Destruction of PhilHealth evidence feared
Several senators expressed fear on Friday that the ceiling leaks in the regional office of Philippine Health Insurance Corp. (PhilHealth) in Pangasinan province may have been deliberately done to destroy evidence about the massive fraud that a government task force is now investigating.
“There is enough reason to suspect that the destruction of documents and records caused by the roof leaks in the PhilHealth’s regional office… was intentional,” Sen. Panfilo Lacson told the Inquirer in a Viber message.
Commissioner Greco Belgica of the Presidential Anti-Corruption Commission (PACC) said he had already ordered an investigation into the damage in PhilHealth’s regional office in Dagupan City, which was allegedly caused by a downpour on Thursday.
But Lacson, who had initiated the Senate probe into the corruption mess rocking the state-run insurance firm, said he had advised a PACC investigator, who happened to be in the area when the incident happened, to ask for help from the National Bureau of Investigation to check “if force was applied to cause the water leaks.”
The NBI has had experience investigating the PhilHealth regional office last year after the emergence of what appeared to be “double claims” reported by Dr. Francisco Soria, then acting senior vice president of PhilHealth’s health finance policy sector.
A random pick drew the name of a certain Pamela Dizon-Del Rosario who was listed as a frequent claimant. She turned out to be a sister of PhilHealth regional executive Maria Erilene Dizon-Zarate and the NBI uncovered bogus claims amounting to millions of pesos.
Lacson said he was later informed that the PACC investigator on the scene had to be secured by NBI agents because of threats from still unidentified persons in the area.
NBI chief Eric Distor confirmed that the bureau was ordered by the Department of Justice (DOJ) to watch for possible destruction of evidence at the Pangasinan office but he declined to elaborate.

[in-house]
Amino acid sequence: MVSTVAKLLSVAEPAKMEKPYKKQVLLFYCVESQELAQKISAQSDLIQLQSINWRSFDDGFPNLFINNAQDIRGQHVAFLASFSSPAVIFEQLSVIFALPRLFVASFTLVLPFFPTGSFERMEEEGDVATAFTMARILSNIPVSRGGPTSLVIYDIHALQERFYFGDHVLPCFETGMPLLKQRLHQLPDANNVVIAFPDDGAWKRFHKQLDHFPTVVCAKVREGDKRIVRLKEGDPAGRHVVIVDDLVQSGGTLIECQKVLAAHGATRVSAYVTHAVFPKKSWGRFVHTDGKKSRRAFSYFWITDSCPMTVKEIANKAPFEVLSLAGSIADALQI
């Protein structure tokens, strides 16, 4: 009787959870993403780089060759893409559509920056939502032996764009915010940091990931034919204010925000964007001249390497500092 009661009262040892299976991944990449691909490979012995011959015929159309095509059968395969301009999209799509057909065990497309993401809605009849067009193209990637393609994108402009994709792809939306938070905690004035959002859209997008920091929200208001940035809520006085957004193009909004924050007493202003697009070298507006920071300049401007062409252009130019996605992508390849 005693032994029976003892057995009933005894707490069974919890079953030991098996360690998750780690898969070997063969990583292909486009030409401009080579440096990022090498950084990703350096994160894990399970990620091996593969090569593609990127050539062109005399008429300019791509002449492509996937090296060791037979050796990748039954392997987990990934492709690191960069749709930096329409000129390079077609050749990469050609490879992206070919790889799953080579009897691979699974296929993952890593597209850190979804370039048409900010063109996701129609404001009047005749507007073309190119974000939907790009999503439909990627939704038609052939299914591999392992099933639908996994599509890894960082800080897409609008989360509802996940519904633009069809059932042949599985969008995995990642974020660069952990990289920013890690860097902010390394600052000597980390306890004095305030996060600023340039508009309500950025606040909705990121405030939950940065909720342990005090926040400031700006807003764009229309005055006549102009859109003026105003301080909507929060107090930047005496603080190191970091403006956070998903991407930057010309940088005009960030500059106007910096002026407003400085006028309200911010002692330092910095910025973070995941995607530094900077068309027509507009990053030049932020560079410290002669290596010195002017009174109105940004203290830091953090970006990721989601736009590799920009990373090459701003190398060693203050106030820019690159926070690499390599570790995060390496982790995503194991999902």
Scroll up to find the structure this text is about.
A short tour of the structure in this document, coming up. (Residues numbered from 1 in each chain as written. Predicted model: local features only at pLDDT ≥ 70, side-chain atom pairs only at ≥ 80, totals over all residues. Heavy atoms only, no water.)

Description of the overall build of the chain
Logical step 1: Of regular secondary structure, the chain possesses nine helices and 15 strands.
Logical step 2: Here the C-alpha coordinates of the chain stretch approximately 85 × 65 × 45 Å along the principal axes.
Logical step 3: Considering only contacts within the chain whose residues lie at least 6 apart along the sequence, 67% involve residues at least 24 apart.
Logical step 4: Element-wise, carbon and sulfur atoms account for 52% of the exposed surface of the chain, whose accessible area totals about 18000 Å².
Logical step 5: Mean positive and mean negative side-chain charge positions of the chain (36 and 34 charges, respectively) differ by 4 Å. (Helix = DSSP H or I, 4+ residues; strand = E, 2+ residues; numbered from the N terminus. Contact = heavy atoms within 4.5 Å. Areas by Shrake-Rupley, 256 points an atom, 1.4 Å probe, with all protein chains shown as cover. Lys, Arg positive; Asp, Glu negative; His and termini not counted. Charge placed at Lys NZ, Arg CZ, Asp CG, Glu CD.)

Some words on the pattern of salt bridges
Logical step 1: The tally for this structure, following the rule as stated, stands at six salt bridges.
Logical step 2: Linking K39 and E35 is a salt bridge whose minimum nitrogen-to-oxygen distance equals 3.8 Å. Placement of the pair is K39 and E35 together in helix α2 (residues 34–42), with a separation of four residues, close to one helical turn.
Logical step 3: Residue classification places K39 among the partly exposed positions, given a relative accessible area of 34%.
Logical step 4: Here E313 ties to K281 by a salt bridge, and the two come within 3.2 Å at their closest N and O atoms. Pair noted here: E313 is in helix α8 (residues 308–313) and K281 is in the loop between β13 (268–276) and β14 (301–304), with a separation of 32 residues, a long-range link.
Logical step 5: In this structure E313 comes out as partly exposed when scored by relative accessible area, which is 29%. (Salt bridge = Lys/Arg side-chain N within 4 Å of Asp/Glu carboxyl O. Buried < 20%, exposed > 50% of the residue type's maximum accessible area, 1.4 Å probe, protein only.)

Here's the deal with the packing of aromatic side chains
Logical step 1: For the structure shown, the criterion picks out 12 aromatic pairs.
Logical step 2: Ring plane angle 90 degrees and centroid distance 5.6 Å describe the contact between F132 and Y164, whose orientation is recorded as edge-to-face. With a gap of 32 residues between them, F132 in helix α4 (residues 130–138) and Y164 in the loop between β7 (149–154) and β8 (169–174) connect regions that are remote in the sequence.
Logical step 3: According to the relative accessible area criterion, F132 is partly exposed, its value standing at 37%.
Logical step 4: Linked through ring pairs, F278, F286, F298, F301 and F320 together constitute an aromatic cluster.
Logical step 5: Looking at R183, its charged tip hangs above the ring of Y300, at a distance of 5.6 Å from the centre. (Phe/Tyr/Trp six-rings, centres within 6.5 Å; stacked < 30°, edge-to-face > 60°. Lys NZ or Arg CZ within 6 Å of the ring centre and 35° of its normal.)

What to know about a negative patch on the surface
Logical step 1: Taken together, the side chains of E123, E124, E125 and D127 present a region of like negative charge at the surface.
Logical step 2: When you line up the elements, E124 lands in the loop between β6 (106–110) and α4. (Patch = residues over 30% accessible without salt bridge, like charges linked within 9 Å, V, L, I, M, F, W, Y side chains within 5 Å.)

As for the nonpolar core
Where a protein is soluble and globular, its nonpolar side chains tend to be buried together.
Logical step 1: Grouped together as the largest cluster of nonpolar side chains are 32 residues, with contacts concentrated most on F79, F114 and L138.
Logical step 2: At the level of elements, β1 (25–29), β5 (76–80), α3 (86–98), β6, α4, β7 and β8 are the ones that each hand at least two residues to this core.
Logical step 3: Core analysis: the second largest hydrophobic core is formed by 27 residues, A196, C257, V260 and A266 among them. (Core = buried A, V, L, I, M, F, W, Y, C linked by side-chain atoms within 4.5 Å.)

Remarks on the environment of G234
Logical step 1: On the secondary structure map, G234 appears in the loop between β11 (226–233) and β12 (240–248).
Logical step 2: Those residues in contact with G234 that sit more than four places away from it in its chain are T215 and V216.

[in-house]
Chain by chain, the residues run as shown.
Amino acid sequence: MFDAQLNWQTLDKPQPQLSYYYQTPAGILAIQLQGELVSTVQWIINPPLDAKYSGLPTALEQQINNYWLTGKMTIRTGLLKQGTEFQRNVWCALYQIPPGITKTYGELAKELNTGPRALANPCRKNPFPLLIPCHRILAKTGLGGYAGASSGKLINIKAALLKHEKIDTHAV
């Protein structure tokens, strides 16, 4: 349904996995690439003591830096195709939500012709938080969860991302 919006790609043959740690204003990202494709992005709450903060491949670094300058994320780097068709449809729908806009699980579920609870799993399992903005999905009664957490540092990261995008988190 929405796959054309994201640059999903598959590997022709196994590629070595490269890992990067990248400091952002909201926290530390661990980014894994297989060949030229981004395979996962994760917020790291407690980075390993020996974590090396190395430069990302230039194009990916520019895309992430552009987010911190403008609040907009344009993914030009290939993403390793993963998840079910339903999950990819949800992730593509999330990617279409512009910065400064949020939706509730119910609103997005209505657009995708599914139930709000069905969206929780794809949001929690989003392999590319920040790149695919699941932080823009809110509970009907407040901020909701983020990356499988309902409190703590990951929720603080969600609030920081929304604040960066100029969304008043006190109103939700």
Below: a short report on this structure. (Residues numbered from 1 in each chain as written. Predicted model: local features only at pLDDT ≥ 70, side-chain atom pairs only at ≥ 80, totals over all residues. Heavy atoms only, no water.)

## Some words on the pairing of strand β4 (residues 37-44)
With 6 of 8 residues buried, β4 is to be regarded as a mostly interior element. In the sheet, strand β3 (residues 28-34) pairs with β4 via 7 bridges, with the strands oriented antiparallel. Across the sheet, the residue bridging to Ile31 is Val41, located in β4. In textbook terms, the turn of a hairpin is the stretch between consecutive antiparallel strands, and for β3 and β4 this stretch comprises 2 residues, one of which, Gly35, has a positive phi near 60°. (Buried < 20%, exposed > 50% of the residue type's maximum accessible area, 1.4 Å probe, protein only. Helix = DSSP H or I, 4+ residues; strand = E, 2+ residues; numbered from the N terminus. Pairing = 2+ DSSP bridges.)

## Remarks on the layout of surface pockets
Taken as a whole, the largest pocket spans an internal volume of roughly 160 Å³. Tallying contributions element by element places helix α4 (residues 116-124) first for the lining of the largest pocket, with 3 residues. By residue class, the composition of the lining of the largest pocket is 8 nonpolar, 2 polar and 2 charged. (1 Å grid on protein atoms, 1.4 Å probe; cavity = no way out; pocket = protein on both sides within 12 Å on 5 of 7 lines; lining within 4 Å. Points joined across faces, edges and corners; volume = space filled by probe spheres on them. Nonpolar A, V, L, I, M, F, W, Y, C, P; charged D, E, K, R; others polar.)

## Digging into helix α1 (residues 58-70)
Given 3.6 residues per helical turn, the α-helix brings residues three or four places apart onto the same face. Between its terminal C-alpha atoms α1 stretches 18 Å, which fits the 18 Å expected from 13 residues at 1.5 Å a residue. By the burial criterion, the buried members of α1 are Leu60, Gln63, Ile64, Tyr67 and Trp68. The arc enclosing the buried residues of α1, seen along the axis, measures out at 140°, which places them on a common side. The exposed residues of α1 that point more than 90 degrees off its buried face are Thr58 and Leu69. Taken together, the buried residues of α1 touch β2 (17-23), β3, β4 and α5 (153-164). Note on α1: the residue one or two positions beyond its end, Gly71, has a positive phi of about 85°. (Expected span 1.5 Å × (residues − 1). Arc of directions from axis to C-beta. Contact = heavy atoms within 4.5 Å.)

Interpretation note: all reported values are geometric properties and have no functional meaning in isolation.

Lacson noted that the PhilHealth regional unit had just moved to the new office seven months ago after an Inquirer report about the state insurance company’s rental of a building owned by the family of Health Secretary Francisco Duque III, also located in Dagupan.
Senate President Vicente Sotto III said it appeared that the so-called “mafia” in PhilHealth “has called on the cleaners.”
“That wouldn’t be surprising at all,” Sen. Francis Pangilinan said.
Senate Majority Leader Juan Miguel Zubiri also warned that somebody could be trying to “cover up” the involvement of some PhilHealth officials in the Ilocos region.
“We urge the NBI to get to the bottom of (this) to see if the roof leak was deliberately done to obstruct the ongoing investigations,” Zubiri said.
As senators pushed their investigation of scams in PhilHealth, a private dialysis center embroiled in the scandal maintained on Friday that all its dealings with the state insurer were “aboveboard.”
B. Braun Avitum Philippines Inc. insisted that contrary to Lacson’s claims, it had secured a registration with the Securities and Exchange Commission on Jan. 24, 2002, under its previous name, Philippine Renal Care Inc., and denied that it had replaced WellMed Dialysis Center as a conduit of errant PhilHealth personnel in facilitating the benefit claims of “ghost” dialysis patients.
“B. Braun Avitum has absolutely no ‘ghost (dialysis) machines’ in any of the center we operate,” the company said in a statement.
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